WarioWare, Inc: Minigame Mania Review
WarioWare, Inc: Minigame Mania is rather unique. While similar efforts occupying other platforms provided short mini-games that you can play and compete with friends in, Nintendo turned the genre upside down by presenting challenges that need to be completed in just a few seconds, requiring your complete attention as well as fantastic reflexes.
Story-wise, the game is fairly simple. Wario sees on TV that video game sales are increasing and so, in his continual desire to always want to bag himself money, decides to set up his own company. However, doing this is no easy task and he soon enlists the help of his various friends.
When you play through the game, you select a category, with more unlocking as you go through. Each has its own special focus: Jimmy for example covering Sports, Mona has Strange, Dribble has Sci-Fi, and 9-Volt has Nintendo games. Each stage grants you four lives and has you go through defeating various micro-games, with the games speeding up as you get higher. Once you have beaten the boss game for the first time, the stage is complete.
The micro-games vary in content considerably, ranging from landing a motorbike to entering a cave, to dodging attacks, to bouncing a watermelon off a person or sniffing in the remnants of a cold into your nose. They are truly and completely random, many being absolutely and quintessentially Japanese. Though, if that’s not your thing, then 9-Volts games will certainly be right up your alley with micro-games based on classic Nintendo properties such as F-Zero, Super Mario Bros., The Legend of Zelda, Duck Hunt and more. It’s clear that part of the recent NES Remix games could have taken inspiration from this.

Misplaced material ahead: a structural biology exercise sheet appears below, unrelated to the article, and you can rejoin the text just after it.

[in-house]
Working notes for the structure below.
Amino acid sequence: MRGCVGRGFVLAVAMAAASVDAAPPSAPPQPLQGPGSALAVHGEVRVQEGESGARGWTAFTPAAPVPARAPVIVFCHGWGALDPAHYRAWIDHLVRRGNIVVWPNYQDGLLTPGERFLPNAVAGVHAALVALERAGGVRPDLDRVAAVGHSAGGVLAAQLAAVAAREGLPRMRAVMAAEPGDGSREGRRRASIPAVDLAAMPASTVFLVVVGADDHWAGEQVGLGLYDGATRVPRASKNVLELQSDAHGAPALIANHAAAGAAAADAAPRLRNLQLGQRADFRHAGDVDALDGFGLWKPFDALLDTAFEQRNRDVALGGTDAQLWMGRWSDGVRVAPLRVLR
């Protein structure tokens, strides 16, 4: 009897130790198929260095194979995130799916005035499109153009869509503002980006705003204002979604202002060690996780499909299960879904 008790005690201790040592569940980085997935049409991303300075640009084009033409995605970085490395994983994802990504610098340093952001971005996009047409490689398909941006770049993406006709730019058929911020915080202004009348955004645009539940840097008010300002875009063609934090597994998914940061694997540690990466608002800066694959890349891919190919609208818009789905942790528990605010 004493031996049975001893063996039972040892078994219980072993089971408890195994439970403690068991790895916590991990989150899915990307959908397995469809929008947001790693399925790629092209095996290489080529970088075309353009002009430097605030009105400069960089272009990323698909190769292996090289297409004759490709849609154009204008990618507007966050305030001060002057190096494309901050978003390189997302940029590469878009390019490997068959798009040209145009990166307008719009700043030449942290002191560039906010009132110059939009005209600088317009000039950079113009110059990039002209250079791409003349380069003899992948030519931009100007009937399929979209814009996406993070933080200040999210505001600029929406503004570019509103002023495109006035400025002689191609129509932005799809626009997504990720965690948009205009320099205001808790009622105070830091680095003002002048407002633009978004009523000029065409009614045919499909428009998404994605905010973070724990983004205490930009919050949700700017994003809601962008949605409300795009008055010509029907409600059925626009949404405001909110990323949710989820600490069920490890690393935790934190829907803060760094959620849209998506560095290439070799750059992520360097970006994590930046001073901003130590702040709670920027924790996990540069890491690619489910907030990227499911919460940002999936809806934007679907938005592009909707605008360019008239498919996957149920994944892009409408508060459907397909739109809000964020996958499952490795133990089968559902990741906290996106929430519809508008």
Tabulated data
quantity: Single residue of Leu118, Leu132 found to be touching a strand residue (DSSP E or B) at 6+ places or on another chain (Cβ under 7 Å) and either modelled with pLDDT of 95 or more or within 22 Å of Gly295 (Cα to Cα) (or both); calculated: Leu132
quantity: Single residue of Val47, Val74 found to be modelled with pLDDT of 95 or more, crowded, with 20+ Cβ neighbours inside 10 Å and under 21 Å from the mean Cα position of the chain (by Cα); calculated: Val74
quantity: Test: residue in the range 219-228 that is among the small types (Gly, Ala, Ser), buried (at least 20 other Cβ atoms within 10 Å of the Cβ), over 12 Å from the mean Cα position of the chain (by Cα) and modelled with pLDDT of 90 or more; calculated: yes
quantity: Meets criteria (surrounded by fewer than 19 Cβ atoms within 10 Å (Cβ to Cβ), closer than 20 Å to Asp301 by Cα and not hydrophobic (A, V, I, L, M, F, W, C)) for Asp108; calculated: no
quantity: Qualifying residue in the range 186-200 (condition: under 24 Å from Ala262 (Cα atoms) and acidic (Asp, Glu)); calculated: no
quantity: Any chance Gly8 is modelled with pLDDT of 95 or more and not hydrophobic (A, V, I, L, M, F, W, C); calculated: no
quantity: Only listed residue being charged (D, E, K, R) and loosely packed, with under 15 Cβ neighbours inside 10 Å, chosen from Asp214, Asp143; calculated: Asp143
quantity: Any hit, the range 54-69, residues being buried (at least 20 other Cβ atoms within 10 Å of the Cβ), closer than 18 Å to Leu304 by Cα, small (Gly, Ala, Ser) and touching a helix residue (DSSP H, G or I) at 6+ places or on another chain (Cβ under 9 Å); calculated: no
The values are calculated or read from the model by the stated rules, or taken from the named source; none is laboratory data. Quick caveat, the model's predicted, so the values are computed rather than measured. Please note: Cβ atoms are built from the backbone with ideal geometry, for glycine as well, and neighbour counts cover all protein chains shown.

Once each stage is complete, you can go through the levels again to secure yourself a high score. This time though, as well as the speed increasing, the difficulty of the stages increases with each stage having three levels of varying challenge. This gives the game some added variety and so doesn’t seem as empty and repetitive. There, you can see how long you can last to achieve your high score, which you can now share thanks to Miiverse. Similarly, you can also access a mode where you can replay through the individual mini-games and, again, get a specific high score relating to whichever you chose to tackle.
In addition to the core mini-games, there are some hidden unlockables for you to find. One example of this is an altered port of Dr. Mario called Dr. Wario, which Nintendo has made changes to in comparison to the original. There are also games on various, smaller micro-games.
WarioWare, Inc: Minigame Mania is also one of the few Game Boy Advance titles on Wii U’s Virtual Console to have working multiplayer. As it didn’t use the Link Cable in the past, but rather had players control half of the console each, these can be fully played on the Wii U GamePad, with players needing to use the shoulder buttons.
Graphically, the game looks nice with crisp sprite-art. It can certainly be seen to have held up well, but would really look better in a higher resolution. The Virtual Console’s screen smoothing filter doesn’t really work well with this game, seemingly destroying the aesthetics. It works well in cutscenes, but during actual gameplay, it proves to be more of a distraction.
The game’s audio also impresses, with accompanying music and sounds being subtle whilst alerting you to your progress and when it is necessary to pay attention. Each micro-game is supported by its own soundscape, all managing to blend with one another rather well.
WarioWare, Inc: Minigame Mania is not one for those looking for massive depth, and it can be “completed” in an hour or so, but if you’re a person who enjoys testing reaction time and enjoys these small game challenges, then this game is definitely worth the investment.